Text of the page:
A Dessert to Celebrate the Jewish Holiday of Purim
Purim commemorates the deliverance of the Jewish people in the ancient Persian Empire where a plot had been formed to destroy them.
Based on the Biblical Book of Esther (Esther 9:22): “As the days wherein the Jews rested from their enemies, and the month which was turned unto them from sorrow to joy, and
from mourning into a good day: that they should make them days of feasting and joy, and of sending portions one to another, and gifts to the poor.”
Purim is therefore celebrated by:
- Exchanging reciprocal gifts of food and drink known as mishloach manot.
- Donating to the poor known as mattanot la-evyonim.
- Eating a celebratory meal known as a se'udat P
- 'Purim'..Public recitation, usually in synagogue, of the Scroll of Esther known as kriat ha-megillah.
- Reciting additions to the daily prayers and the grace after meals known as Al HaNissim.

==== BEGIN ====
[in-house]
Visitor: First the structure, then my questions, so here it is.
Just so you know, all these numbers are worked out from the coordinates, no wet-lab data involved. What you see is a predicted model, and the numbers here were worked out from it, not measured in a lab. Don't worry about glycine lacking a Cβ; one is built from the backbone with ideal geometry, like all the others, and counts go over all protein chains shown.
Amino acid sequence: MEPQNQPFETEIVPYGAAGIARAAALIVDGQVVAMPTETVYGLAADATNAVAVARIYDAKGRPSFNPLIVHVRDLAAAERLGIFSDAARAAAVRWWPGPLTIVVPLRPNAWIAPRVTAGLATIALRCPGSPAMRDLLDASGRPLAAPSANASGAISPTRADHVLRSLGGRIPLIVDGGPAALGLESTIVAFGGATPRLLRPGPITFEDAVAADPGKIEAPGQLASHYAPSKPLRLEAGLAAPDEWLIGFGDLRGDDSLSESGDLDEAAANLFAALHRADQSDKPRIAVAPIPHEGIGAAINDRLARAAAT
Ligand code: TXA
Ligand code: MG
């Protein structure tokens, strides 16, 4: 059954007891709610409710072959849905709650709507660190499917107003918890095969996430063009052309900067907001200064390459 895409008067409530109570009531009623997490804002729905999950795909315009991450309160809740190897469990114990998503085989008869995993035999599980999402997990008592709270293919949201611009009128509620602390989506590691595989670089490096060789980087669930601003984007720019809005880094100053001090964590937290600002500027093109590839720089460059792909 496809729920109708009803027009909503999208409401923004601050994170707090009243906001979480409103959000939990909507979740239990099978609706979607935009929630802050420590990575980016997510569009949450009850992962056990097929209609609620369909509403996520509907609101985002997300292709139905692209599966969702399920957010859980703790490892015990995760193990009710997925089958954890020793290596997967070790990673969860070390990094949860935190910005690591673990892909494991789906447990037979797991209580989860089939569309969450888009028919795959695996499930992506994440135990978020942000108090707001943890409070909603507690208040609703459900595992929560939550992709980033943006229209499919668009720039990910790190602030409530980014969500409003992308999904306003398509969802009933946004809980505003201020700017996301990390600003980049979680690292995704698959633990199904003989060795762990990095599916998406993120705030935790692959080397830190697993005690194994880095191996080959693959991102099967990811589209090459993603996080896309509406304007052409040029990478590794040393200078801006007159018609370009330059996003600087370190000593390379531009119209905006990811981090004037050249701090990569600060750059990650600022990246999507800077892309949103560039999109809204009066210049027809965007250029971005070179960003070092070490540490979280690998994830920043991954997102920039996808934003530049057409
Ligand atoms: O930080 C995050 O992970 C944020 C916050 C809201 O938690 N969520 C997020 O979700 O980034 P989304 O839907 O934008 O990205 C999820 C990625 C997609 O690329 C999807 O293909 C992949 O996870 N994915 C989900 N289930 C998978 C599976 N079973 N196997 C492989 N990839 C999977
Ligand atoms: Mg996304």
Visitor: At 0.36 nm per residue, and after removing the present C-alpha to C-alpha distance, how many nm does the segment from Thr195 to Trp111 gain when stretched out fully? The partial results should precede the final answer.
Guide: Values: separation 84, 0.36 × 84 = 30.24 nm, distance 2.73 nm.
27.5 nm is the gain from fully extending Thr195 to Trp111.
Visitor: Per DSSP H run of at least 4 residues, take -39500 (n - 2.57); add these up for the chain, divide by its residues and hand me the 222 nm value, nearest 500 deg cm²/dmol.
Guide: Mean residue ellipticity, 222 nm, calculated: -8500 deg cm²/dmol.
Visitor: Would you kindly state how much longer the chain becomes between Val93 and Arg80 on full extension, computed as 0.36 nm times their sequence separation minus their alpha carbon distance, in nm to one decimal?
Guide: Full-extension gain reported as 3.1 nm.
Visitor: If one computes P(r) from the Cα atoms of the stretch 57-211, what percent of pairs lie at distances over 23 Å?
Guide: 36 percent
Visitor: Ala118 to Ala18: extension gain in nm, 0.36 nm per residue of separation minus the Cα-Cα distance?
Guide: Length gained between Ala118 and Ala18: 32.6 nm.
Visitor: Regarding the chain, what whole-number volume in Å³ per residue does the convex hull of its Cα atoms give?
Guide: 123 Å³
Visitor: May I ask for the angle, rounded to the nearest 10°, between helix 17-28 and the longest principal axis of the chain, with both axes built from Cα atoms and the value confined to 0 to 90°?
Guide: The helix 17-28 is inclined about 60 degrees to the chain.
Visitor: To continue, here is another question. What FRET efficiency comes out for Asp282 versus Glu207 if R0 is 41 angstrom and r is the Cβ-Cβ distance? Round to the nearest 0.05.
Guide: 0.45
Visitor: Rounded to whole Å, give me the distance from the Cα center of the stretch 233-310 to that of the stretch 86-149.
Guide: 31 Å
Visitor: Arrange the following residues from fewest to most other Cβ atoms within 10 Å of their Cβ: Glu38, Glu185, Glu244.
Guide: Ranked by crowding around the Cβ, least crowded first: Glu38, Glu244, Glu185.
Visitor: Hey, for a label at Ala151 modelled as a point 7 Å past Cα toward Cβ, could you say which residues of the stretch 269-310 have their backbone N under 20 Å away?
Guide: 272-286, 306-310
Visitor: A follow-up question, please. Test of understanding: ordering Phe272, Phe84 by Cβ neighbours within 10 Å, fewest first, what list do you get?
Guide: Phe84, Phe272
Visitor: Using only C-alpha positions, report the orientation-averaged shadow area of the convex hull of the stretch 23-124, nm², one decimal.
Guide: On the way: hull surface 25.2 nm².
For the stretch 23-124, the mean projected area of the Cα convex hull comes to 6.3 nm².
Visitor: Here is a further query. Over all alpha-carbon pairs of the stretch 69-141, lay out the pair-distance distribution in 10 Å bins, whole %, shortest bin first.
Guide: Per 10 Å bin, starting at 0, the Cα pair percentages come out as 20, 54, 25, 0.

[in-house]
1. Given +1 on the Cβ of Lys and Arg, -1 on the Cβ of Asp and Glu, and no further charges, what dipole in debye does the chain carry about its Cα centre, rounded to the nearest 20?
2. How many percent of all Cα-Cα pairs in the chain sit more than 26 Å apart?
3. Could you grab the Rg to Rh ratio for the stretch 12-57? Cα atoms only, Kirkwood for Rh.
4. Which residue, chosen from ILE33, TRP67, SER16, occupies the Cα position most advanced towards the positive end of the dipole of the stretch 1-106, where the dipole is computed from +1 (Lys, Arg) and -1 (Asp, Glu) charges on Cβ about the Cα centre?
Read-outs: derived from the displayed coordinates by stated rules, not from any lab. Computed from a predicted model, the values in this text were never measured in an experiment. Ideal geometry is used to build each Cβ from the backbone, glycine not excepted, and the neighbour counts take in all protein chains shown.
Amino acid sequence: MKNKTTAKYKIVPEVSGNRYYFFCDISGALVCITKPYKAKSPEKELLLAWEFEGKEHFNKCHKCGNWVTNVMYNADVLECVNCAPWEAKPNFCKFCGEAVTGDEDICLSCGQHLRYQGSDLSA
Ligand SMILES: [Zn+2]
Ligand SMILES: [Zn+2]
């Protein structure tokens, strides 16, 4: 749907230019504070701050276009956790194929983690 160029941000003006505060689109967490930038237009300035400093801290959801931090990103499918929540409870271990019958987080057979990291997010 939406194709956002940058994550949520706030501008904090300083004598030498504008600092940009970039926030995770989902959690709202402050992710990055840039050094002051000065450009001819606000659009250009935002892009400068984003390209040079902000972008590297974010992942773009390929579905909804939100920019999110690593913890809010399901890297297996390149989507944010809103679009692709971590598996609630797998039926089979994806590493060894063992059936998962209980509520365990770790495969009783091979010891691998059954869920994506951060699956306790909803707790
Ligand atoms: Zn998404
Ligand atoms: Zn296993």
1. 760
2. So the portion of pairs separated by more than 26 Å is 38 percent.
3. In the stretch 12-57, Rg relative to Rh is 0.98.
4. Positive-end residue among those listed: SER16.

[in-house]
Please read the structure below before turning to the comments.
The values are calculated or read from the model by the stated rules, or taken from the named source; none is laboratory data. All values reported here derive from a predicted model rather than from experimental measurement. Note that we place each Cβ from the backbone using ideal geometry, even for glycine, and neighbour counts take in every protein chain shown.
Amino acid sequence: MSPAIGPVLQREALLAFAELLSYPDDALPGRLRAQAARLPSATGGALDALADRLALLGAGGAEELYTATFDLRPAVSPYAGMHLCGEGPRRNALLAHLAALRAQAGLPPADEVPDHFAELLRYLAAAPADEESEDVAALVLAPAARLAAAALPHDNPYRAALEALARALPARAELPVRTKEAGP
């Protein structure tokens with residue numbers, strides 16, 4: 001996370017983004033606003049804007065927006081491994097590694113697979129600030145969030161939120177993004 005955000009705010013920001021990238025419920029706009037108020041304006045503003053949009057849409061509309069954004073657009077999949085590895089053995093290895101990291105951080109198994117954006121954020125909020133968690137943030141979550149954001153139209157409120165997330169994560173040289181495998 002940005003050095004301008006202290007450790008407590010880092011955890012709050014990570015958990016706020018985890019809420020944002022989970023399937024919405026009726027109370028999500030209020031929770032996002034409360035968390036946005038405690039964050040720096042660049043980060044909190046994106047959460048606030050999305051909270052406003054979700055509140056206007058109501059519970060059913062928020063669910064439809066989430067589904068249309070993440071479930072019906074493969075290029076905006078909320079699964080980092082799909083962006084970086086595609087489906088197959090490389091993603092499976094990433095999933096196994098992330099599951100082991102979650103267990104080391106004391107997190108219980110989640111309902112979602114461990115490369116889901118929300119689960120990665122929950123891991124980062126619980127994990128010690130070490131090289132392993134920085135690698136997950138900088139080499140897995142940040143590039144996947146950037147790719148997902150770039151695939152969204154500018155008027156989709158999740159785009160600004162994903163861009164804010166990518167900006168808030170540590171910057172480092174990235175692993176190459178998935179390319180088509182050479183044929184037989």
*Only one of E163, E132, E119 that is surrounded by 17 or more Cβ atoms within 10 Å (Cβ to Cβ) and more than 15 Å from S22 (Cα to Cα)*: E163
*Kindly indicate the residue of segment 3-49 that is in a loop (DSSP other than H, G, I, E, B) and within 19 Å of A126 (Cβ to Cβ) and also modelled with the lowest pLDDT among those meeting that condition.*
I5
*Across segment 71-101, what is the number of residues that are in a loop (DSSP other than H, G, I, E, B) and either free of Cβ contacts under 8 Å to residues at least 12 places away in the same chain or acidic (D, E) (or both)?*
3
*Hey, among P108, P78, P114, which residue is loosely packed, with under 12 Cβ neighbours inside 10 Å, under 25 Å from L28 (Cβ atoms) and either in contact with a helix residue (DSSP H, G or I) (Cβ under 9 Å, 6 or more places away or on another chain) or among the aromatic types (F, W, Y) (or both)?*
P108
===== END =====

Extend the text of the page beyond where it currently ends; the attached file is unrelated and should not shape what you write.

- Other customs include drinking wine, wearing of masks and costumes, and public celebration.
Hamantaschen A recipe for triangular Purim cookiesBy Joan Nathan
This is a tried and true recipe for the quintessential Purim cookie. Put them in yourmishloach manotto share with loved ones.
This Recipe is from The Jewish Holiday Kitchen.
- Cream the shortening with sugar. Add egg and continue creaming until smooth.
- Add the vanilla. Stir in the sifted flour, baking powder, and salt until a ball of dough is formed (a food processor is excellent for this).
- Chill for 2-3 hours, or overnight.
- Preheat oven to 375 degrees.
- Taking 1/4 of the dough, roll out on a lightly floured board to a thickness of 1/8 inch. Cut circles of dough with a drinking glass or round cookie-cutter. With your finger put water around the rim of the circle. Fill with 1 teaspoon poppy-seed or nut filling and fold into three-cornered cookies. (Press two sides together, and then fold the third side over and press the ends together.)
- Bake on a well-greased cookie sheet 10-16 minutes, until the tops are golden.